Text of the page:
The influence of prior knowledge on experiment design guidance in a science inquiry context

Siswa A.N. van Riesen (Corresponding Author), Hannie Gijlers, Anjo Anjewierden, Ton de Jong

Research output: Contribution to journalArticleAcademicpeer-review

29 Citations (Scopus)
271 Downloads (Pure)


Designing and conducting sound and informative experiments is an important aspect of inquiry learning. Students, however, often design experiments that do not allow them to reach conclusions. Considering the difficulties students experience with the process of designing experiments, additional guidance in the form of an Experiment Design Tool (EDT) was developed, together with reflection questions. In this study, 147 pre-university students worked in an online inquiry learning environment on buoyancy and Archimedes’ principle. Students were randomly assigned to one of three conditions, each of which contained a different version of the EDT. Since students’ prior knowledge has been found to influence the amount and type of guidance they need, the versions of the tool differed with respect to the level of guidance provided. A pre- and post-test were administered to assess students’ conceptual knowledge. No overall differences between conditions were found. In a subsequent analysis, students were classified as either low, low-intermediate-, high-intermediate, or high prior knowledge students. For Archimedes’ principle we found that low-intermediate prior knowledge students gained significantly more conceptual knowledge than low prior knowledge students in the fully guided condition. It is hypothesised that students need at least some prior knowledge in order to fully benefit from the guidance offered.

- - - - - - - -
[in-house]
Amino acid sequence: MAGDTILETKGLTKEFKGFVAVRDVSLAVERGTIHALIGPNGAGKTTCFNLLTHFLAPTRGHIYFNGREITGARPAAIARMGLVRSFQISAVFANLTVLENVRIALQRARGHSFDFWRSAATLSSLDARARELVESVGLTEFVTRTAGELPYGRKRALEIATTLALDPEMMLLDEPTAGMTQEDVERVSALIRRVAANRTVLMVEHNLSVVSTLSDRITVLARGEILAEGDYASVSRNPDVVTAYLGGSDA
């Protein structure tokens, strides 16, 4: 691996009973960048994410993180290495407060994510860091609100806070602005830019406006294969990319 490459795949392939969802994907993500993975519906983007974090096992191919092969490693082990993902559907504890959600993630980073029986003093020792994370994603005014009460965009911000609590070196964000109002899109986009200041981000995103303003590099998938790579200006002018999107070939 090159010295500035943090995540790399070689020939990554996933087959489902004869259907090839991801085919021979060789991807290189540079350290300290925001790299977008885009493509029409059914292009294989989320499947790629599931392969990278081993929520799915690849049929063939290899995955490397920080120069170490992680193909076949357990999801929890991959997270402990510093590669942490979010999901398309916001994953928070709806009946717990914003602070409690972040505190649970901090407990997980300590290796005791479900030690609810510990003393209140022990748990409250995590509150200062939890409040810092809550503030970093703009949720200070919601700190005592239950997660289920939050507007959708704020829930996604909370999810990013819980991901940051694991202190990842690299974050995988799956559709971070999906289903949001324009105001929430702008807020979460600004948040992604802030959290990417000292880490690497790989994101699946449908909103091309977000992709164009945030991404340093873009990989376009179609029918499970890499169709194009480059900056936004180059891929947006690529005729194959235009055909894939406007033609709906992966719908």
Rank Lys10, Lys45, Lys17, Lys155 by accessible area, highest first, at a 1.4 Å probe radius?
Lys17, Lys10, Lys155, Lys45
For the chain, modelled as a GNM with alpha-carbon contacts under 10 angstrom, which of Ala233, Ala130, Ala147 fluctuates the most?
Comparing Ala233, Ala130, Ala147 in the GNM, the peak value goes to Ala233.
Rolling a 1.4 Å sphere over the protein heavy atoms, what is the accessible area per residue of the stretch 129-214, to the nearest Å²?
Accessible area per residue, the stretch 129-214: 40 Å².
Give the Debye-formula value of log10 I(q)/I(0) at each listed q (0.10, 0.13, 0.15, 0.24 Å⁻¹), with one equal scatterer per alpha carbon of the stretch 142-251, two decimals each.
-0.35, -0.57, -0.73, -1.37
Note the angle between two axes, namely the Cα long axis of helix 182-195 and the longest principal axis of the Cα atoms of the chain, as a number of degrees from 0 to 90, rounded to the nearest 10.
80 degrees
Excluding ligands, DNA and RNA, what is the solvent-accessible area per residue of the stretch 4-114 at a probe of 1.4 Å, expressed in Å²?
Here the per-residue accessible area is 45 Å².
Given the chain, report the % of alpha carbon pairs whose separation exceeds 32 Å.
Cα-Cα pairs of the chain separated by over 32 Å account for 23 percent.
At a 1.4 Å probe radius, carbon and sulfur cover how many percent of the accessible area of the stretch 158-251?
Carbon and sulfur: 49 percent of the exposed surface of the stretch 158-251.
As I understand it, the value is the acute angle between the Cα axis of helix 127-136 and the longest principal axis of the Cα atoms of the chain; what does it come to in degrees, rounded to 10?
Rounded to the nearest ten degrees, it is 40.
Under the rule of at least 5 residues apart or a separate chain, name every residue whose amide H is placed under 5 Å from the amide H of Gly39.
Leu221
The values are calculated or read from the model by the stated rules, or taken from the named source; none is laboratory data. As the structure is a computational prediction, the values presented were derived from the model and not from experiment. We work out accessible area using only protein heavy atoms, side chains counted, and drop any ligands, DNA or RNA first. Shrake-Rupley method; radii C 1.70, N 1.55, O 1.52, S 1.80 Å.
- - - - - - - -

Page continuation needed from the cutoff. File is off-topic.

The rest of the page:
Original languageEnglish
Pages (from-to)1327-1344
Number of pages18
JournalInternational journal of science education
Issue number11
Publication statusPublished - 29 May 2018


  • UT-Hybrid-D
  • Experiment design
  • Secondary education
  • Guidance
  • Prior knowledge
  • Inquiry learning environment


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